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How to Use the Lemon Law to Replace Your Car

Federal law protects consumers stuck with a lemon. Learn how you can use it to your advantage.


  • Step 1: Know your rights and obligations Know that while federal law protects you, it does not define what a lemon is. Prove your car is in fact a lemon according to your state's laws.
  • TIP: Federal laws that protect car buyers are the Magnusson-Moss Act and the Uniform Commercial Code. Some states have lemon laws, while others rely on a patchwork of other laws.
  • Step 2: Find out your state's laws Find out how your state defines a lemon. Definitions might include a major auto defect not fixed after two to four attempts, or a car out of service for a specific time period or number of miles.
  • Step 3: Keep copies of everything Keep copies of your purchase contract and all service orders and invoices for repairs and regular maintenance, together with all warranties and your owner's manual.
  • Step 4: Take detailed notes Take notes on all conversations with the dealer and service technicians. Record the date and time, any comments, and attempted repairs.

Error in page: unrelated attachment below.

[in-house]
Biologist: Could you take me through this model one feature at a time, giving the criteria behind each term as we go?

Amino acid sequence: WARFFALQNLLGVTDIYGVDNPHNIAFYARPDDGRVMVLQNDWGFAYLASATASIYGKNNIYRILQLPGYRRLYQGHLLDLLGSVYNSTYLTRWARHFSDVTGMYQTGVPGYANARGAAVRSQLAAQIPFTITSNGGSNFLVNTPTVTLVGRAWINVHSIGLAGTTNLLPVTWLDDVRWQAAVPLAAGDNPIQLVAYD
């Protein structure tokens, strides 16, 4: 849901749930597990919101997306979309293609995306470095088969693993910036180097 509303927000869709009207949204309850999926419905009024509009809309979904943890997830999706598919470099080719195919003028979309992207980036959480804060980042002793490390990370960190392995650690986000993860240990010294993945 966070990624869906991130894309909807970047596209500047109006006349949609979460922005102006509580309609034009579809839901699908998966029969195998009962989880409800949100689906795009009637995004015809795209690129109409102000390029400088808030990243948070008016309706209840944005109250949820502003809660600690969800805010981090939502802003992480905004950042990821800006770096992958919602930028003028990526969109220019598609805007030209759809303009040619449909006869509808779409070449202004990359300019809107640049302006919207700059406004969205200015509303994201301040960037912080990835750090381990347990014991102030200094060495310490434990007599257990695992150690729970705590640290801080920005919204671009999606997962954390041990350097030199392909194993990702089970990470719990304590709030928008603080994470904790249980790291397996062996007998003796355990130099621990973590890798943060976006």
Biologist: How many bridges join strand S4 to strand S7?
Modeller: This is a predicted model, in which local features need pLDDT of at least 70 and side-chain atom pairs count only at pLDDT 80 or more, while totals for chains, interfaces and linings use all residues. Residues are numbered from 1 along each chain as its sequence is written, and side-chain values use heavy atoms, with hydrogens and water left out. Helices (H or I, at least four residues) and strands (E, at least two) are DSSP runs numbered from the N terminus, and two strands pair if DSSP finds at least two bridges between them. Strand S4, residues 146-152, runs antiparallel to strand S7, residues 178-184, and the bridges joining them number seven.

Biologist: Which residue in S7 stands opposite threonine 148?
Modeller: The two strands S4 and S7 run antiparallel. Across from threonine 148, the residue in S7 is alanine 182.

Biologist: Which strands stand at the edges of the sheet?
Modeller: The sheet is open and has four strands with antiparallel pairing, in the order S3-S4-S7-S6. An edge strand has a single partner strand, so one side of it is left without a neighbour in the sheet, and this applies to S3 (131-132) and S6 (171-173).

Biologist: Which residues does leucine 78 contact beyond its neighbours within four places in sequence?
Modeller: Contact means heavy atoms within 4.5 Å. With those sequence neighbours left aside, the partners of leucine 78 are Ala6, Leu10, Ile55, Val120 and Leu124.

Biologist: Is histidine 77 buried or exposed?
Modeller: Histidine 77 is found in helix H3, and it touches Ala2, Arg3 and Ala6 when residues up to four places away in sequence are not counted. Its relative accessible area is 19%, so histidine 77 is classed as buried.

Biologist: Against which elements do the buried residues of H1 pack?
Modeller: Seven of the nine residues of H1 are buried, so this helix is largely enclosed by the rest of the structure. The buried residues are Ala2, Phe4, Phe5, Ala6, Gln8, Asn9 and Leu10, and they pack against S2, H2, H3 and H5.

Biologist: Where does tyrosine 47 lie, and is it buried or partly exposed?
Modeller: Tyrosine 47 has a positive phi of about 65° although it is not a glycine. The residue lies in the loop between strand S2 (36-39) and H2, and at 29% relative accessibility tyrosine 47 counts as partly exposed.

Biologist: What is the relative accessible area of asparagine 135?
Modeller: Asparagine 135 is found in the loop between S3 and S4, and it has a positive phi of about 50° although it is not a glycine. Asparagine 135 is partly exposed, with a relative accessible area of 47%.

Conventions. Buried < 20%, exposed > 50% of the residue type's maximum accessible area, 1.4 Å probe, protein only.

• Step 5: Ask for TSBs Ask the dealer for a copy of all manufacturers' technical service bulletins on your car.
  • Step 6: Track repair time Track all time your vehicle is in the shop for repairs. Note the date of each visit, the time in and out, and the reason.
  • Step 7: Get a lawyer Hire a lawyer who specializes in lemon laws for your state. The initial consultation should be free.
  • FACT: The first lemon laws were passed in 1982 in California and Connecticut. Since then every state has enacted consumer protection laws about defective automobiles.

You Will Need

  • State law information
  • Car history and service records
  • Legal counsel

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